'A Quiet Place' Overcomes Constraints

This past weekend, Canaday B entryway was a microcosm of typical freshman weekend activities—full of students on their way to Annenberg, doing laundry, or heading to the library to get a start on their next p-set—except for one room, where an entirely different scene was unfolding. “A Quiet Place,” written by Canadian playwright Brendan Gall and directed by Samuel A. Hagen ’18, ran over the weekend in Hagen’s dorm room, Canaday B-12. The room has a history of experimental theater: it was also used as a performance space by playwright, producer, and former resident, Randy Weiner ’87, of American Repertory Theater renown. Plays often rely on elaborate lighting, lavish costumes, and richly decorated sets to entertain; “A Quiet Place” featured none of these. But, in spite of some elements that made the play feel unfinished, this 80-minute production was never boring.

During the play, all signs of a college dorm room were erased. Black curtains covered the walls, and the set consisted only of a chair and single lightbulb. The play began in complete darkness. The light flickered on for a moment, and the audience saw a man doing pushups in the room. The light came back on, and a chair appeared in the room. The lights came up for a third time, revealing another man tied to the chair. What followed was an evolution of the relationship between two men, Henry (Thomas W. Peterson ’18) and David (Nicolas E. O’Connor ’17), stuck together in this black room without windows or doors. David initially seemed to be the victim and Henry his disturbed torturer, but the divisions between the two faded away as David realized that Henry was not his captor but an ally, imprisoned alongside him.

The premise of the play was utterly unrealistic—two men trapped in a room with no idea how long they’d been there, how they’d gotten there, or if they’d ever return to the lives they experienced before—yet they handled it in ways that felt completely familiar and even comedic. David taught Henry chess, Henry did tai chi (or a strange imitation of it), and they told each other stories about the life they remember before. Henry told a story about removing the heart of a tortoise and watching the animal writhe in agony, alluding to the characters’ own experience. The actors engaged in ordinary, even childish, activities as if they were in a normal situation, making a scenario that was completely impractical more accessible for the audience.


Peterson’s portrayal of Henry was superb; he managed to balance the elements of the character’s rationality and irrationality so that he seemed alternately relatable and deranged. He believably inhabited the character of someone who had indeed been living in a black room for an undefined amount of time. Peterson’s Henry clearly needed David’s companionship right away, but then grew to also admire and love him. Indeed, with the passage of time and the benefits of human company, Henry gradually emerged as the more sane part of the duo, beginning to comfort and reassure David. While at the beginning of the play the arrival of David sustained Henry, by the end Henry had become the influence that grounded David.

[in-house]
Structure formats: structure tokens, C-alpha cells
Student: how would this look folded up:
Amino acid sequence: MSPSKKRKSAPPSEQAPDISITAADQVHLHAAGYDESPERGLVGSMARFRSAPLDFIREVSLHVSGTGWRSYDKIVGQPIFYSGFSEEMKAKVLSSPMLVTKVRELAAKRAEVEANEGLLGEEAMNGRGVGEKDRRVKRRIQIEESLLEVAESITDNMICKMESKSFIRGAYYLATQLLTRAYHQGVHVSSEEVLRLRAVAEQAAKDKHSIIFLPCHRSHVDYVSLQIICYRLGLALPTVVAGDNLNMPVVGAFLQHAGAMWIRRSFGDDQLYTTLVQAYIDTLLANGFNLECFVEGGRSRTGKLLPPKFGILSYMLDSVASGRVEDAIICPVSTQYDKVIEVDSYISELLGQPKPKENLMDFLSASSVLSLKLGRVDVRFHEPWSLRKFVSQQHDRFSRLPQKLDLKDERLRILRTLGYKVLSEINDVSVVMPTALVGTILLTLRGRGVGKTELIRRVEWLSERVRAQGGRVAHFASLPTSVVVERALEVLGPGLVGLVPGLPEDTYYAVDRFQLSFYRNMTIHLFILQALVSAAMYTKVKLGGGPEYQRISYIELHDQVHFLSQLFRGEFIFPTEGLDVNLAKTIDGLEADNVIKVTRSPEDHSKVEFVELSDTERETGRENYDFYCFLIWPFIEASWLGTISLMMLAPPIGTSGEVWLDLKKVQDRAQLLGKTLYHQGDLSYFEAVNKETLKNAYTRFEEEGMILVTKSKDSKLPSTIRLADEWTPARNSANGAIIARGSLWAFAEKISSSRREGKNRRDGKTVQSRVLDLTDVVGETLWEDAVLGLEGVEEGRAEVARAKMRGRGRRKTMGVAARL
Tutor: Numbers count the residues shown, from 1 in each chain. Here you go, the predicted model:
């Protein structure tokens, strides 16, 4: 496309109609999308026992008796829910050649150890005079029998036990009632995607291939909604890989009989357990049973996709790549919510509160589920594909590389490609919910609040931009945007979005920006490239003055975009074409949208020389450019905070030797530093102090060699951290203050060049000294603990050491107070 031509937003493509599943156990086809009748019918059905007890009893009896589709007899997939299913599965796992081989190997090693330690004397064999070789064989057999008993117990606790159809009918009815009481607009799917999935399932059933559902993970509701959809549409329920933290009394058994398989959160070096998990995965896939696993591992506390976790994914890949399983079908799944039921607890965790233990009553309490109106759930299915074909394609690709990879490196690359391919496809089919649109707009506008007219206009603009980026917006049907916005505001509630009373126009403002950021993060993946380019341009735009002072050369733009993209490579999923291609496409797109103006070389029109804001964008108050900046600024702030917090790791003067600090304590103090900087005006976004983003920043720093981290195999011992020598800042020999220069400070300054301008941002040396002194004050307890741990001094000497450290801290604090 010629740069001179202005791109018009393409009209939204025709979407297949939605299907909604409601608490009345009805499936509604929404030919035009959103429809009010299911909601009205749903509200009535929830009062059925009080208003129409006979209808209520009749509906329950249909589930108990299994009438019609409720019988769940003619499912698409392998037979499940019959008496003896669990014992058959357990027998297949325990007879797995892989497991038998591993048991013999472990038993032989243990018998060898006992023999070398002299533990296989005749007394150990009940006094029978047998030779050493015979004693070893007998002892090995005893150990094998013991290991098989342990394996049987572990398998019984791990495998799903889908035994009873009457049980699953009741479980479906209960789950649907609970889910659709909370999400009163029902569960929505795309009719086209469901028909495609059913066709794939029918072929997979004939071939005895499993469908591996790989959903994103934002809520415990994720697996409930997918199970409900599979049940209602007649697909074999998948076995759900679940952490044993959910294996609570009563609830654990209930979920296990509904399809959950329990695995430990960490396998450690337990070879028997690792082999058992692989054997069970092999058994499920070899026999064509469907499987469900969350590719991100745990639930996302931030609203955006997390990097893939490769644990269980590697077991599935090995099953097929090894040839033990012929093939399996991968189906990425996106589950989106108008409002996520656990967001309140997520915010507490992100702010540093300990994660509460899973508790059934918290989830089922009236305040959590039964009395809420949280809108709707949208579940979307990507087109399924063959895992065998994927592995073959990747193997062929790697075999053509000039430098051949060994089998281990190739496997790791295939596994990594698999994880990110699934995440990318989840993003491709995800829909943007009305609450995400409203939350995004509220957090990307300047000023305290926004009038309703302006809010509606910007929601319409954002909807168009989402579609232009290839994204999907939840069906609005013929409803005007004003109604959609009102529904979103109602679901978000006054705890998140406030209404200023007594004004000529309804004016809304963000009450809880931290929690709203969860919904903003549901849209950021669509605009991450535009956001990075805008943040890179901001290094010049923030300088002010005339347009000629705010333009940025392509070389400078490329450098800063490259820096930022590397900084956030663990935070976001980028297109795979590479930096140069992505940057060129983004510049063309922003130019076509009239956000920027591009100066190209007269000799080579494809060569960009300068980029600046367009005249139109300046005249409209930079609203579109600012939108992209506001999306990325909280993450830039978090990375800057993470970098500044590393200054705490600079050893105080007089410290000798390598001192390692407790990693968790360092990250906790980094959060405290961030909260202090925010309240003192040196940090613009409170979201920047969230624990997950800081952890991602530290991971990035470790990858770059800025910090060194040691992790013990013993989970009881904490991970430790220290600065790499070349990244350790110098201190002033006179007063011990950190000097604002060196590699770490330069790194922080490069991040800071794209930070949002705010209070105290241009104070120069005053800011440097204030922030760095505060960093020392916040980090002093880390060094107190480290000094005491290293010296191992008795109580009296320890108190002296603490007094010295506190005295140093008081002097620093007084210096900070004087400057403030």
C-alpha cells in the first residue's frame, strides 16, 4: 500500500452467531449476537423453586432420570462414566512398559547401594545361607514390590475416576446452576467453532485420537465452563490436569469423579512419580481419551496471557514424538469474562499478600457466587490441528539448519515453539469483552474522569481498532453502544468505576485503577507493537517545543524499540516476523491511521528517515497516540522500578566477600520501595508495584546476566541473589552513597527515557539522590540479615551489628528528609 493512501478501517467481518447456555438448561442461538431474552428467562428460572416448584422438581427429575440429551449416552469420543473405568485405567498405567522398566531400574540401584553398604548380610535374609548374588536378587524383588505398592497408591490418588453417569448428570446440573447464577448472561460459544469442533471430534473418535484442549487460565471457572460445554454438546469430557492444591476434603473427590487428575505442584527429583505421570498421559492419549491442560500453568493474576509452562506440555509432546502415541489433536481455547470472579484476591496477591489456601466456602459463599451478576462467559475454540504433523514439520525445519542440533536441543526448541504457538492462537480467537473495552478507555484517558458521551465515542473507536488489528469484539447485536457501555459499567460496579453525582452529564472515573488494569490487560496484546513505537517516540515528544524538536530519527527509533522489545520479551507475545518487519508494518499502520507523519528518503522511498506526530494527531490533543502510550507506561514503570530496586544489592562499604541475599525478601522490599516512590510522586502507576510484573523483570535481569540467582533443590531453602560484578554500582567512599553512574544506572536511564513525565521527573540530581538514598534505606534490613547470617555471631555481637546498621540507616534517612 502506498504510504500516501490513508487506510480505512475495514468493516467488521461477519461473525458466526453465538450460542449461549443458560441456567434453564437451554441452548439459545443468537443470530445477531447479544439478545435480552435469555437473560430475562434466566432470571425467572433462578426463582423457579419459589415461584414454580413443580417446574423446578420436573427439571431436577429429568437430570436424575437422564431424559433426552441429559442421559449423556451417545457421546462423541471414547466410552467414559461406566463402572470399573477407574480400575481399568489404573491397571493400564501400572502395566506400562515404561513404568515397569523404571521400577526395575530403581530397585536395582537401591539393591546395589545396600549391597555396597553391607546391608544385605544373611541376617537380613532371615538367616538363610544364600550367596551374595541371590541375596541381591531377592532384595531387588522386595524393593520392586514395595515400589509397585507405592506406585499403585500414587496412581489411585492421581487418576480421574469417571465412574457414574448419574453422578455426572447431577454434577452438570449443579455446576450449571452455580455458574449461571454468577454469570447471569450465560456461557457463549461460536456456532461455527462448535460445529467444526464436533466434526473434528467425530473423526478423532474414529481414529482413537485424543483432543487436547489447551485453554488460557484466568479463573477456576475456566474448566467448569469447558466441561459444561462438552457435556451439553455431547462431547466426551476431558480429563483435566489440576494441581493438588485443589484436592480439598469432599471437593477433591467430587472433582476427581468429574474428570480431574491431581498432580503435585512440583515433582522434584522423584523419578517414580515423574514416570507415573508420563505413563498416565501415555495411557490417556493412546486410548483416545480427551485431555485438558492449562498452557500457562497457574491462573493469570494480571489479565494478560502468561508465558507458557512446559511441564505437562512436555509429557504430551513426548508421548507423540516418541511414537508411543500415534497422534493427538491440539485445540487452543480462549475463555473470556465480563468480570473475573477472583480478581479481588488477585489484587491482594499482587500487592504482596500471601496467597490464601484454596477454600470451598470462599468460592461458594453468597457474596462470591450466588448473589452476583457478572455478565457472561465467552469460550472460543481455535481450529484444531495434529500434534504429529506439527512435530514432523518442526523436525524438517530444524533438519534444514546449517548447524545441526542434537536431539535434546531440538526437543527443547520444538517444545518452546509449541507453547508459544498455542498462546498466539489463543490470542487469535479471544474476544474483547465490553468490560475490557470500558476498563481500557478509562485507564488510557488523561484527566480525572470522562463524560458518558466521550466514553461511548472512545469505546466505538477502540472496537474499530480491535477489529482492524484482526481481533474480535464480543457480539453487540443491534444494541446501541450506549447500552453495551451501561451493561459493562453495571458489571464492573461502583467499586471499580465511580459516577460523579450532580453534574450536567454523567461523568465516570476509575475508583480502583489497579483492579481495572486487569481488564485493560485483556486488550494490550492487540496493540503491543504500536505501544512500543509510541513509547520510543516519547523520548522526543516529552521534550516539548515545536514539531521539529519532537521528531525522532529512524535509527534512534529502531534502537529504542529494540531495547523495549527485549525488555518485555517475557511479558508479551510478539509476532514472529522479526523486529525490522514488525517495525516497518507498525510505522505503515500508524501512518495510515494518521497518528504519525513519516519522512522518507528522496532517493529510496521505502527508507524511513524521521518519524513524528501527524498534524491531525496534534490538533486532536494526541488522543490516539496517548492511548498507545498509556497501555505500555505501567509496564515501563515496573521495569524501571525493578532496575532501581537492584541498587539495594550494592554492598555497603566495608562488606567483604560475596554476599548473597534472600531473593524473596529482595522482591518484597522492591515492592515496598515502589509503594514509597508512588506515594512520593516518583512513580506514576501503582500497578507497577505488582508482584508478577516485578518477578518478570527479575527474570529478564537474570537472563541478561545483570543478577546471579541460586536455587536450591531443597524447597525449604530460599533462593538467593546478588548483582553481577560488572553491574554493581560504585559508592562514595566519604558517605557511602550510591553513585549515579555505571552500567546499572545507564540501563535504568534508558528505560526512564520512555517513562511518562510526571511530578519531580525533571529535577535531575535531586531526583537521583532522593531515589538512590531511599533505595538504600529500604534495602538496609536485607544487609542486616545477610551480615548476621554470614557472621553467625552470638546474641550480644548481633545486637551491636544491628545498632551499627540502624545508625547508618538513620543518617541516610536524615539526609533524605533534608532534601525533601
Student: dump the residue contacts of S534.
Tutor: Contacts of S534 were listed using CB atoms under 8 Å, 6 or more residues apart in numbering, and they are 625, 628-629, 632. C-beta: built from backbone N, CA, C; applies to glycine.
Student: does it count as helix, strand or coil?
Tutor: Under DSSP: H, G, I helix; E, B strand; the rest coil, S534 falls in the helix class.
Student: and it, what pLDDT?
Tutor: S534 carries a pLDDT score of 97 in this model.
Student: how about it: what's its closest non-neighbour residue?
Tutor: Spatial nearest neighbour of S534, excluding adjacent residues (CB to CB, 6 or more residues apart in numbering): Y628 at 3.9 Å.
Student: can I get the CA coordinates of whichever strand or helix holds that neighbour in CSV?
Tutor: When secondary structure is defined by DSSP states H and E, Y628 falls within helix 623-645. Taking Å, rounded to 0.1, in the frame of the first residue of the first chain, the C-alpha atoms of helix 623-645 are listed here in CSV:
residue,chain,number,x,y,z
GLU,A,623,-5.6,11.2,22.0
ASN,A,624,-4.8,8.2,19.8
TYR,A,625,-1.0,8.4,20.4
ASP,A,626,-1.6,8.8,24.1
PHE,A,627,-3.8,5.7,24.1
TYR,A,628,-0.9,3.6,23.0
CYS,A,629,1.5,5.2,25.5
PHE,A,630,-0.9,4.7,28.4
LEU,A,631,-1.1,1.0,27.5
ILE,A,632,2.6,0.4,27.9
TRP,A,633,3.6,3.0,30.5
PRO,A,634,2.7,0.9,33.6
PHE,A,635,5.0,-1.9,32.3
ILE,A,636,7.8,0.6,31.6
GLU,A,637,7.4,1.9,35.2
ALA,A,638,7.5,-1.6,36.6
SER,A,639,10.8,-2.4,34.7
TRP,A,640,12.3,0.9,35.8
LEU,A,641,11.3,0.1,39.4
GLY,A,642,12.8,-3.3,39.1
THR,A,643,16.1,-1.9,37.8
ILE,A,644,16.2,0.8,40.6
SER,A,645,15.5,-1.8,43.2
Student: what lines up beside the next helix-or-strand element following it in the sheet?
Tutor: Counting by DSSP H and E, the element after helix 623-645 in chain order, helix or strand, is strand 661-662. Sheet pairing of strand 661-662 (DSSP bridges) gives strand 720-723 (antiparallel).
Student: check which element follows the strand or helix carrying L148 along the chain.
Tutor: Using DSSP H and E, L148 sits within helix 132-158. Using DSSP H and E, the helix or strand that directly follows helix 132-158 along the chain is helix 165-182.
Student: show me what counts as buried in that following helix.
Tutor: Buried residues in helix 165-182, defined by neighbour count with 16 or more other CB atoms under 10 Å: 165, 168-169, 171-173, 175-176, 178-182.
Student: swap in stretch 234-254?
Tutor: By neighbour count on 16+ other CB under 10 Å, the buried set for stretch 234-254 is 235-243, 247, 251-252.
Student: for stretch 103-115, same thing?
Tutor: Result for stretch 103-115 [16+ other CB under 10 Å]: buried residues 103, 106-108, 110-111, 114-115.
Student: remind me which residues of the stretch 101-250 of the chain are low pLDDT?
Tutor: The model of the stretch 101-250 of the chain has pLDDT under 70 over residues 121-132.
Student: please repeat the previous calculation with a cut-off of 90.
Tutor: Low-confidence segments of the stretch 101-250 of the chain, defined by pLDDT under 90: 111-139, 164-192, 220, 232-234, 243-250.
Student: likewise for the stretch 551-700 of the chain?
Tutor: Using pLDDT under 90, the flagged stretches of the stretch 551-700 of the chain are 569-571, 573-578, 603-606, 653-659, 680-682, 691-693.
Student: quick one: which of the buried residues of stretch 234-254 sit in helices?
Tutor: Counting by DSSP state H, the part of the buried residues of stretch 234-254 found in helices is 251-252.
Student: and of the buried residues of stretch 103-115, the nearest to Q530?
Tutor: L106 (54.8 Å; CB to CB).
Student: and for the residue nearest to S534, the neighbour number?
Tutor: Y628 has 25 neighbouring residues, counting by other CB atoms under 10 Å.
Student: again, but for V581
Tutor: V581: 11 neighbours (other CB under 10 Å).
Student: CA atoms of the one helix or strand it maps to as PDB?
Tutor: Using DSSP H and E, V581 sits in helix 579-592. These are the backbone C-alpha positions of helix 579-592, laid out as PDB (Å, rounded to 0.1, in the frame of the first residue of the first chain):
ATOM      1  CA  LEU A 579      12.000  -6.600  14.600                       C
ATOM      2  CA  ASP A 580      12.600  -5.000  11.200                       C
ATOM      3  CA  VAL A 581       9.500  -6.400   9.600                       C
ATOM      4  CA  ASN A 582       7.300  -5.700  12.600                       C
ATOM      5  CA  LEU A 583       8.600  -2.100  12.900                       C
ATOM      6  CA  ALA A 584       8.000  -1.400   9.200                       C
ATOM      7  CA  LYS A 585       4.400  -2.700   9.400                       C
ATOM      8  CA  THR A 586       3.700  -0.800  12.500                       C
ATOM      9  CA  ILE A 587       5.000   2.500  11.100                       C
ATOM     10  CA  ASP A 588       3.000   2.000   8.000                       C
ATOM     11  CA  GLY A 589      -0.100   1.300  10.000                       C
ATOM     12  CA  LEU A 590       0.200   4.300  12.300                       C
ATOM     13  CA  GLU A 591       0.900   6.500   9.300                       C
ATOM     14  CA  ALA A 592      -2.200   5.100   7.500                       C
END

O’Connor also skillfully handled David’s transition from the outside world to the agonizing and endless life within the black room. At the beginning of the play, David despised Henry but eventually came to rely on him, a shift that O’Connor portrayed convincingly. The only dissonant note in O’Connor’s performance was that his entrapment didn’t elicit as dramatic a response as the situation would have seemed to invite. He was stuck in a black room without windows or doors, with a seemingly crazy man and no way to measure the passing of time; despite this, O’Connor’s David didn’t seem particularly upset or fearful for his life.


One of the most distinctive features of the play was its setting: a small space with an audience of only 12 per performance. The intimate staging was both one of the production’s greatest strengths and one of its weaknesses. The audience was so close to the actors that the show almost seemed to come to life—except when the single lightbulb illuminated the stage, the rest of the audience was also in the spotlight, intruding on the world of the play. While the use of Canaday B-12 has an interesting backstory, the production space made the play feel more like a dress rehearsal than a finished production.

The title “A Quiet Place” is a misnomer, as the production was driven forward by dialogue and the development of the relationship between Henry and David. The actors’ nuanced depictions of their characters were captivating, drawing audiences into their emotional life and their experiences within the black box. The play was so engaging that upon leaving the theater and entering back into the everyday college routine, it almost felt as if the door to the room had finally been found—as if Henry and David were finally free. 


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